Sunday, September 25, 2011

Battle of the Bands...

I don’t think I know anybody who doesn’t like music. And even though I know individuals with eclectic tastes, and have indulged in verbal spats over who and which is better, little did I indulge myself into an issue, that to the best of my knowledge, is yet to come forth Indian Courts - The survival of BAND names!

Although under the law of trademarks, generally speaking, names of individuals are not registrable as trademarks, however, with secondary meaning, acquired distinctiveness and well known trademarks (and as many synonyms as there may be), the probability of a band name being registrable rises. 

If one were to apply the rationale that trademarks are source indicators, the name of a band is undoubtedly the indicator of the source of music.

But having said this, another question that arises is- once a band breaks up, what is the fate of its name? Does each individual get to carry its identity forth in his or her own unique way, or does each band member forfeit his right to use the name? I don’t think there is a black letter rule to this. 

If each band member were allowed to use the band name, the source indicator, to my eyes, would be a source of confusion.

But if every member were disallowed to use the name, applying a moral rights sort of rationale (although there are no moral rights grounds in the world of trademarks), each member by virtue of his contribution, should be allowed to continue to use the name of the band.

Or is a third route more apt? Allowing the use of a band name in a nominative sort of way- In other words, in a way to indicate that the performer was part of a certain band, but clearly indicating he is no longer part of the band.

In practice, I believe this is what is done, which while allowing the performer to relate himself to an identity by virtue of which he may be better known, yet does not infringe upon any rights that collectively existed upon all the members of the band.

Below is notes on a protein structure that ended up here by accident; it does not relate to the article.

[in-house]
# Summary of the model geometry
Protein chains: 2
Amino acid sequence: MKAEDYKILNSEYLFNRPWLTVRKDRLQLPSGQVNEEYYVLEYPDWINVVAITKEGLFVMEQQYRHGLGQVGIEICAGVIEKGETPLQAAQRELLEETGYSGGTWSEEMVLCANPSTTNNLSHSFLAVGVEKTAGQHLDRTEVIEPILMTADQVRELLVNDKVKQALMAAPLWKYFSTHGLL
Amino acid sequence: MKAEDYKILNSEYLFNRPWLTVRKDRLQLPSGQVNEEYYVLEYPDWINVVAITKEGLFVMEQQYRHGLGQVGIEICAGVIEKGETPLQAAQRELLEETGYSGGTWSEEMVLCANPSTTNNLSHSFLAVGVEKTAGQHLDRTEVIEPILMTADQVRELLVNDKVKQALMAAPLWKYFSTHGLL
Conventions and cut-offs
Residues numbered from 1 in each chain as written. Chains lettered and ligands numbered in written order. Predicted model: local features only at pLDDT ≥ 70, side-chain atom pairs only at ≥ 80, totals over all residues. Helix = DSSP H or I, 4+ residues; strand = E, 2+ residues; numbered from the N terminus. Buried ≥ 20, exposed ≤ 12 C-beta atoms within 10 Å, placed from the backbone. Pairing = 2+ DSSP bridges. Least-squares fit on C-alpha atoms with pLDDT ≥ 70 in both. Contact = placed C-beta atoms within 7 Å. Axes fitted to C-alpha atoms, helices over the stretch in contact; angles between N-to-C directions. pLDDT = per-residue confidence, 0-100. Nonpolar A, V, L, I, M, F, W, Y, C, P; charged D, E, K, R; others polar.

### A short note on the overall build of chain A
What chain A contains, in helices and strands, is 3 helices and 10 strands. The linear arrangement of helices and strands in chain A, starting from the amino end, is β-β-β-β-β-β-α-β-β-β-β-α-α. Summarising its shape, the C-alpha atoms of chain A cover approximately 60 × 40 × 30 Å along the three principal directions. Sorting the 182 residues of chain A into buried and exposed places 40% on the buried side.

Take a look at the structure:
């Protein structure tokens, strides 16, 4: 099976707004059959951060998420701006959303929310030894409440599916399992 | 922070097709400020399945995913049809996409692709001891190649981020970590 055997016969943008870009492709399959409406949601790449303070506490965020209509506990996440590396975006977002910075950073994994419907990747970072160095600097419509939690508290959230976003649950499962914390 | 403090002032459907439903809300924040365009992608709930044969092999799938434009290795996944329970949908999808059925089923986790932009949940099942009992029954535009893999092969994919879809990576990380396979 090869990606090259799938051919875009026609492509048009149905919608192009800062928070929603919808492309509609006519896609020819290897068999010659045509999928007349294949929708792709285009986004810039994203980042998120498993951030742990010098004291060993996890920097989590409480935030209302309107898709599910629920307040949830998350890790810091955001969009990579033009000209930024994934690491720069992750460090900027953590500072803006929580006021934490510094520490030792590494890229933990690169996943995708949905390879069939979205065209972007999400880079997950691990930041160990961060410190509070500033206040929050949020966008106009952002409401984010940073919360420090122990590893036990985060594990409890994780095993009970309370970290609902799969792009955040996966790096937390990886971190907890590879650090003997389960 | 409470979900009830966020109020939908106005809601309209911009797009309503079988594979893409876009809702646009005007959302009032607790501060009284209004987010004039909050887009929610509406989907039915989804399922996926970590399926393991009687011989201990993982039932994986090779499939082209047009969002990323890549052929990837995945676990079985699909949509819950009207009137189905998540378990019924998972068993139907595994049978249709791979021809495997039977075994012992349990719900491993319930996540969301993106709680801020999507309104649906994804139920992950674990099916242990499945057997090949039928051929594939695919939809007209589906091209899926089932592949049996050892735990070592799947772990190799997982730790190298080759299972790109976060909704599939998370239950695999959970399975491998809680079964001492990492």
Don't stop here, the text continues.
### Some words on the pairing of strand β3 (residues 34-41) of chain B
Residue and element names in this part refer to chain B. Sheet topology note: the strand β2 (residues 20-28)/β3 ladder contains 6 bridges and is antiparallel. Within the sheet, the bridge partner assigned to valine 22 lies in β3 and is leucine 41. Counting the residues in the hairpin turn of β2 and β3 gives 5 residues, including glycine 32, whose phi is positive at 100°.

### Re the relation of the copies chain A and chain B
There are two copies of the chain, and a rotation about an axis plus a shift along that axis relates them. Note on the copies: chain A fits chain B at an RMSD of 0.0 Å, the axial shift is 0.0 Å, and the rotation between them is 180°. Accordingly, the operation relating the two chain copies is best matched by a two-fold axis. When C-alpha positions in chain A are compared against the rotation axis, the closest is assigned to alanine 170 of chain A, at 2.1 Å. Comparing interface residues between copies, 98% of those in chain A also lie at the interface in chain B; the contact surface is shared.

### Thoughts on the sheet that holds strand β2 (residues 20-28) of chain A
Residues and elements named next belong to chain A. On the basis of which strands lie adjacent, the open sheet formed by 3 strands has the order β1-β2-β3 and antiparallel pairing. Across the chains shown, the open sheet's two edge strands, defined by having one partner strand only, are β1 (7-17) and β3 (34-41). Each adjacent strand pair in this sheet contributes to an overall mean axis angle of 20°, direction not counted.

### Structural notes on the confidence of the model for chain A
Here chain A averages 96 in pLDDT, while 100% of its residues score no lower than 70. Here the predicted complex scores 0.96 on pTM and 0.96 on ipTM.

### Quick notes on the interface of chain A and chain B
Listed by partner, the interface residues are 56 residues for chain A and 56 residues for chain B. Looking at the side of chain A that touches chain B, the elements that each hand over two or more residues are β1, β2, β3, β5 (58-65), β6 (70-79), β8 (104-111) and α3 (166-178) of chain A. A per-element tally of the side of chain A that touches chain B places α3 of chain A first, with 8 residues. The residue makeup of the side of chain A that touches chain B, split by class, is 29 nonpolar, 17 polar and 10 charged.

My review of song titles and performer names, as I was on my travels this last month or so, reveals names such as Cream of Clapton (When Eric Clapton was part of Cream), Sting of The Police (Sting, when he was part of The Police) and so on. However, Pink Floyd, is one amongst some bands that continued so, and even as Barett and others came and went, have not attached Floyd to their individual cover versions.

The problem would perhaps be resolved if it were a scenario, where the moment a band is created, it incorporates itself as a legal entity. Although a partnership agreement shouldn’t be a problem, however other forms of legal incorporation may require a stricter mandate to be followed. 

Further, where several individuals partner to form a “band” and not merely perform together, under the aegis of a “lead” artist, the problem walks into a dark tunnel. I presume, that in such an instance, a Work made for hire sort of rule would append.

A cursory survey of the US law has 2 scenarios set out. The first is where a Band name is permanent, but artists are doled in and out- in such a case the manager or record label that is responsible for the functionalities of the band, owns the name.

The other scenario is where the artists have named the band and eventually fall outs happen. Some Courts here, rule that all members are allowed to use the name, so long as they sufficiently distinguish one break off from the other.

I find such a ruling from a US Court rather interesting, especially since a moral rights regime is almost non-existential in their jurisprudence. However, to me it seems that under the Lanham Act, where provisions governing aspects such as False and Misleading Advertising exist, such a decision finds logic.

Drifting back to the Indian scenario, what is it likely to be? Two things come to mind-

a. May be Band names can acquire their own right as a trademark, since fashion designers etc. whose names having acquired secondary significance have sought registrable rights; or,
b. Authors/bands cannot have rights, since under the copyright regime, only their works are protectable and they have nothing but moral rights in their names.

Further, as I see and understand, the manner in which IP law is to be interpreted calls for mutually exclusive protections, devoid of any overlap whatsoever. Being a fuzzy area, I wonder what our readers have to say on this…

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